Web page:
See more La Goulue articles on AOD.

Powered by
Share this page on
Article provided by Wikipedia

( => ( => ( => La Goulue [pageid] => 842843 ) =>
"Moulin Rouge: La Goulue, a poster highlighting Louise Weber's work at the "Moulin Rouge, by "Henri de Toulouse-Lautrec, 1891

La Goulue (13 July 1866 – 30 January 1929) was the "stage name of Louise Weber, a "French "can-can dancer who was a star of the "Moulin Rouge, a popular cabaret in the Pigalle district of Paris, near "Montmartre.[1] Besides La Goulue, pronounced [la guly] and meaning The Glutton, she also was referred to as the Queen of Montmartre.[2]



Very little is known about her early childhood, but it is believed that Louise Weber was born into a "Jewish family from "Alsace that eventually moved to "Clichy, near "Paris. Her mother worked in a laundry. As an impoverished young girl who loved to dance, Weber is said to have enjoyed dressing up in laundry customers' expensive clothing and pretending to be a glamorous star on a great stage. At age 16, she was working with her mother in the laundry, but behind her mother's back began sneaking off to a dance hall dressed in a customer's "borrowed" dress.[3]

Early career[edit]

La Goulue

Dancing at small clubs around Paris, Louise Weber quickly became a popular personality, liked for both her dancing skills and her charming, audacious behavior. In her routine, she would tease the male audience by swirling her raised dress to reveal the heart embroidered on her panties and would do a high kick while flipping off a man's hat with her toe.[4] Because of her frequent habit of picking up a customer's glass and quickly downing its contents while dancing past his table, she was affectionately nicknamed La Goulue (The Glutton).[5] Eventually she met the Montmartre painter "Pierre-Auguste Renoir, who introduced her to a group of models who earned extra money posing for the community's artists and photographers. Achille Delmaet, husband of "Marie Juliette Louvet, would later find fame as the photographer who had taken many nude photographs of La Goulue.[6]

Henri Toulouse-Lautrec: La Goulue arriving at the Moulin Rouge (1892)

Star of the Moulin Rouge[edit]

Louise Weber was taken under the wing of Jacques Renaudin (1843–1907), a wine merchant who danced in his spare time under the "stage name "Valentin le Désossé.[7] They danced at the renowned "Moulin Rouge in Montmartre when it first opened, performing an early form of the "cancan known as the chahut.[8] The two were instant stars, but it was Weber who stole the show with her outrageously captivating conduct. Booked as a permanent headliner, La Goulue became synonymous with the can-can and the Moulin Rouge nightclub.[9] The toast of Paris and the highest paid entertainer of her day, she became one of the favorite subjects for "Henri de Toulouse-Lautrec, immortalized by his portraits and posters of her dancing at the Moulin Rouge.[10]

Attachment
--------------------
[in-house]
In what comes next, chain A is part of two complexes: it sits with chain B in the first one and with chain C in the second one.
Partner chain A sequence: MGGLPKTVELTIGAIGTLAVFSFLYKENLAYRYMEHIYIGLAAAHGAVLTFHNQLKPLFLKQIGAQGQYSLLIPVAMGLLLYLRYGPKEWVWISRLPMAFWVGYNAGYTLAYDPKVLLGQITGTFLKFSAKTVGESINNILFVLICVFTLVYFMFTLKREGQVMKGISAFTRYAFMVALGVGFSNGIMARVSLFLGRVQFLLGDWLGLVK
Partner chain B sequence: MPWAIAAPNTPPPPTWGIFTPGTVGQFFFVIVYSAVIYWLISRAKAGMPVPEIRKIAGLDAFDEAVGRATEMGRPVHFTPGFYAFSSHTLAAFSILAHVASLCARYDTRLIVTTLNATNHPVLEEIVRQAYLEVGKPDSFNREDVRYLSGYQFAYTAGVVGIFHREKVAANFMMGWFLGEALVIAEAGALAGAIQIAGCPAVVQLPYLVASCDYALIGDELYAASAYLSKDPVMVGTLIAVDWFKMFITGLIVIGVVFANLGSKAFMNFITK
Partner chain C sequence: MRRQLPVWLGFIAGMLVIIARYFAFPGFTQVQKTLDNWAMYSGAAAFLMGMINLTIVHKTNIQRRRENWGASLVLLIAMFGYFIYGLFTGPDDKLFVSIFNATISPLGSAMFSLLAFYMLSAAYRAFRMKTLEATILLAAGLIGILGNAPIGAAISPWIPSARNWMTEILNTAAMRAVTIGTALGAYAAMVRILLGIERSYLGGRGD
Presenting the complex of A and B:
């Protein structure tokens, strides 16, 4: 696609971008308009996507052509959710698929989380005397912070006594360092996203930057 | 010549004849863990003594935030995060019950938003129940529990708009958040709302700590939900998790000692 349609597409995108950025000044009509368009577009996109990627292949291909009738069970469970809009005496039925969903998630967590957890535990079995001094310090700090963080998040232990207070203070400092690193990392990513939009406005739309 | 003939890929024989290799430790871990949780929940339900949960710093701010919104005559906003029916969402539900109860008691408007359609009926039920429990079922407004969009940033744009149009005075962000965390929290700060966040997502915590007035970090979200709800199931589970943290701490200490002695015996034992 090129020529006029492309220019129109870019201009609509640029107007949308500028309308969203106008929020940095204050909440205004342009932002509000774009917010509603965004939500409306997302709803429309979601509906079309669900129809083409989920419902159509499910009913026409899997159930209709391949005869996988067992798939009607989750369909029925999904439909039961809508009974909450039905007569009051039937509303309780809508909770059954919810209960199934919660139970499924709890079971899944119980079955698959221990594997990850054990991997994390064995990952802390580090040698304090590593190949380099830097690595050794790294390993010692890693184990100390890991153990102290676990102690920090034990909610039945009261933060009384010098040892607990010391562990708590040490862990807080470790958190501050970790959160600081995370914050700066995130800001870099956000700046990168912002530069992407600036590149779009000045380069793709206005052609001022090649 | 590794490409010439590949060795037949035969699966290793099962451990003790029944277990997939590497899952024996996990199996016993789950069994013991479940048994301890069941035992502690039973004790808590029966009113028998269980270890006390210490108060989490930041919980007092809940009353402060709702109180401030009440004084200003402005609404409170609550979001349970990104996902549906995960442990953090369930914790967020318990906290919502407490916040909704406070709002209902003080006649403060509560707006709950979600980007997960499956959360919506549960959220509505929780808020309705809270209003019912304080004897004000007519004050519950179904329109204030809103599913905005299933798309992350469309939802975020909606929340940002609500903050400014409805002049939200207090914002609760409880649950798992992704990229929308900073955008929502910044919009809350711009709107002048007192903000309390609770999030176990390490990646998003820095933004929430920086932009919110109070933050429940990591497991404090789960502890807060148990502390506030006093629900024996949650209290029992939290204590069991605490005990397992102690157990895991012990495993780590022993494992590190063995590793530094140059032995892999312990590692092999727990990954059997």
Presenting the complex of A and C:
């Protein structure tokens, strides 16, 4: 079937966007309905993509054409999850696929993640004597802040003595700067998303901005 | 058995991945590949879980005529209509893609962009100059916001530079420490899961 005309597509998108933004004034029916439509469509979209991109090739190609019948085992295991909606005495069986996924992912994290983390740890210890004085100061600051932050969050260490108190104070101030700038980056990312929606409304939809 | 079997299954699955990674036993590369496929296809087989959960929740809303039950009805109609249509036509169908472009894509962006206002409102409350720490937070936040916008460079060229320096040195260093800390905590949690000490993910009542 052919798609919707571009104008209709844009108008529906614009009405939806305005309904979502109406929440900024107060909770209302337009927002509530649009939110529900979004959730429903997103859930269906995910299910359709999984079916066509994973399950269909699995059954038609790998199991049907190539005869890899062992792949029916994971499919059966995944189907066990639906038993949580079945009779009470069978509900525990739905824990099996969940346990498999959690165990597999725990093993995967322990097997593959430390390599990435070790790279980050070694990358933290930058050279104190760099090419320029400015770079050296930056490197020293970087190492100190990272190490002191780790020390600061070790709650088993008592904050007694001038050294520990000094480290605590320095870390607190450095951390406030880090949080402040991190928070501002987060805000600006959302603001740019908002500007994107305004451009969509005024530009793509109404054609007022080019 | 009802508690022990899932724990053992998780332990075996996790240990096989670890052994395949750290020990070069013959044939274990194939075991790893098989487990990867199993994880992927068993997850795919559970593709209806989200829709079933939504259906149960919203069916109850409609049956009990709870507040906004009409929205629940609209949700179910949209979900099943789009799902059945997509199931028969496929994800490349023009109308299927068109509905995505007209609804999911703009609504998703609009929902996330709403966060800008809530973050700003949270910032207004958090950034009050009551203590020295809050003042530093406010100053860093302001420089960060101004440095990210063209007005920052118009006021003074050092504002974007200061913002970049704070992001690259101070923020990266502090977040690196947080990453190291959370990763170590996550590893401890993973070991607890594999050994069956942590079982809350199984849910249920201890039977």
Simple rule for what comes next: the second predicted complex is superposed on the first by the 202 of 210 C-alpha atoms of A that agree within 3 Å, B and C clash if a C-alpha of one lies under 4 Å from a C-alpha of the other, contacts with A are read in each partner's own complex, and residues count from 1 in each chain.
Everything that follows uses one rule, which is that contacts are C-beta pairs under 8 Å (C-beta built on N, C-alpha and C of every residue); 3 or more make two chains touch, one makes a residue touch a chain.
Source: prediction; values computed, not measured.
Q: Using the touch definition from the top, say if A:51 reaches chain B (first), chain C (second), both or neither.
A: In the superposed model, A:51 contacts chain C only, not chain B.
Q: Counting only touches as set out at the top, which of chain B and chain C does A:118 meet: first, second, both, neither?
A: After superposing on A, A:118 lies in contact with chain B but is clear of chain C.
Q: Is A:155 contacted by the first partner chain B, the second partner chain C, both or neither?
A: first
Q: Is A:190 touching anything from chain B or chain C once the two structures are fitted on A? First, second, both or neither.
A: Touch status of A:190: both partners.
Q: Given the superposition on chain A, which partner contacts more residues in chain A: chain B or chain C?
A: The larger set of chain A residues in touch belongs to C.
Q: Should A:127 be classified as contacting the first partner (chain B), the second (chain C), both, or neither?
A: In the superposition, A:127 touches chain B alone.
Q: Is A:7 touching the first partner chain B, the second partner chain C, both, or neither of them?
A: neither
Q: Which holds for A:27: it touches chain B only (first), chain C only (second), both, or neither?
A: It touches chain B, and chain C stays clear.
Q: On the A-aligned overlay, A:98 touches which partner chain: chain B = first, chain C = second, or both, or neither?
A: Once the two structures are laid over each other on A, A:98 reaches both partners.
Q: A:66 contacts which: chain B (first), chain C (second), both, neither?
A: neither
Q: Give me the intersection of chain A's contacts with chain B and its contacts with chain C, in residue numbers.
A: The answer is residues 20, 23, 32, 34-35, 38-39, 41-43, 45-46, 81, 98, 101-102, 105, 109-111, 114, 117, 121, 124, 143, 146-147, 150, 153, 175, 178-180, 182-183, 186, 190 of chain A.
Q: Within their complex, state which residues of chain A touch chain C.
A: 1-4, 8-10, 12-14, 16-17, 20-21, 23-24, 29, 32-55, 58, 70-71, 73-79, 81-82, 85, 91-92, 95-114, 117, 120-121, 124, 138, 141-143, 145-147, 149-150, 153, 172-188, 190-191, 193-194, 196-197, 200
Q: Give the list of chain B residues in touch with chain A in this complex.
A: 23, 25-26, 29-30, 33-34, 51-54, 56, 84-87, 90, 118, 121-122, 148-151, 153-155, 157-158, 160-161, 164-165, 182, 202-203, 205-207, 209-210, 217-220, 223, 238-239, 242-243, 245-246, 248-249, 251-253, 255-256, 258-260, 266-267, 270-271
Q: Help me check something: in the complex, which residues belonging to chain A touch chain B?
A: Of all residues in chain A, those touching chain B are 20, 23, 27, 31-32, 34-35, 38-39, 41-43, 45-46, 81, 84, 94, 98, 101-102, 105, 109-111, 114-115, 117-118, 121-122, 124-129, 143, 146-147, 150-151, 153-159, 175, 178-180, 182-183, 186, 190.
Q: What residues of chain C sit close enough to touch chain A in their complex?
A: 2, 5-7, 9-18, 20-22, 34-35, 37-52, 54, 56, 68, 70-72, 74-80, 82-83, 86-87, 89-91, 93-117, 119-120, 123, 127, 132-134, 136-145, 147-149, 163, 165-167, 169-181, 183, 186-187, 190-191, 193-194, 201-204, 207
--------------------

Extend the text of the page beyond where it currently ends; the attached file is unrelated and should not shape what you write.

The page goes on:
The "Montmartre Cemetery grave of Louise Weber, known as La Goulue, creator of the French "Can-can

Having achieved both fame and fortune, Weber decided to part company with the Moulin Rouge in 1895 and strike out on her own.[11] She invested a considerable amount of money into a show that traveled the country as part of a large fair; but her fans who had lined up to buy tickets at the Moulin Rouge did not take to the new setting, and her business venture turned into a dismal failure. Following the closure of her show, La Goulue disappeared from the public eye. Suffering from depression, she drank heavily and dissipated the small fortune she had accrued while dancing.[12]

Alcoholic and destitute, La Goulue returned to Montmartre in 1928. She eked out a living selling peanuts, cigarettes, and matches on a street corner near the Moulin Rouge; no one recognized the severely overweight and haggard former Queen of Montmartre. She died a year later and was buried in the "Cimetière de Pantin in the Paris suburb of "Pantin, but later her remains were transferred to the "Cimetière de Montmartre.[13]

Cultural references[edit]

See also[edit]


  1. ^ Philippe Le Moal, ed., "La Goulue," in Dictionnaire de la Danse (Paris: Éditions Larousse, 1999).
  2. ^ Maximillien de Lafayette, The Rise and Fall of La Goulue, part 1, Louise Weber, Queen of the Parisian Cabarets, 2d ed. (New York: Times Square Books, 2011).
  3. ^ Michel Souvais, Moi, La Goulue de Toulouse-Lautrec: Mémoires de Mon Aïeule (Paris: Publibook, 2008).
  4. ^ Lucinda Jarrett, Stripping in Time: A History of Erotic Dancing (San Francisco: Harper Collins, 1997).
  5. ^ Walter Sorrell, "The Dancers of Toulouse-Lautrec," Dance Magazine (New York), October 1953, pp. 28-29, 66-67.
  6. ^ David Price, Cancan! (London: Cygnus Books, 2011).
  7. ^ Philippe Le Moal, ed., "Valentin le Désossé," in Dictionnaire de la Danse (Paris: Éditions Larousse, 1999).
  8. ^ Francis Henry Gribble, "The Origin of the Can-Can" (April 1933), reprinted in Dancing Times (London), October 1990, pp. 53-54.
  9. ^ Jacqeus Pessis and Jacques Crépineau, The Moulin Rouge (New York: St. Martin's Press, 1990).
  10. ^ Henri de la Toulouse-Lautrec and Federico Zeri, Toulouse-Lautrec: At the Moulin Rouge, One Hundred Paintings Series (London: Nde Publishers, 2000).
  11. ^ Robert Rey, "La Goulue", in Les Femmes Célébres (Paris, 1959)
  12. ^ Michel Souvais, Moi, La Goulue de Toulouse-Lautrec (2008).
  13. ^ Cemetières de France et d'Ailleurs: Biographie et Photos, online: www.landrucimitè
  14. ^ Beth Genné, The Making of a Choreographer: Ninette de Valois and Bar aux Folies-Bergère. Studies in Dance History (Society of Dance History Scholars, 1996).

External links[edit]

) )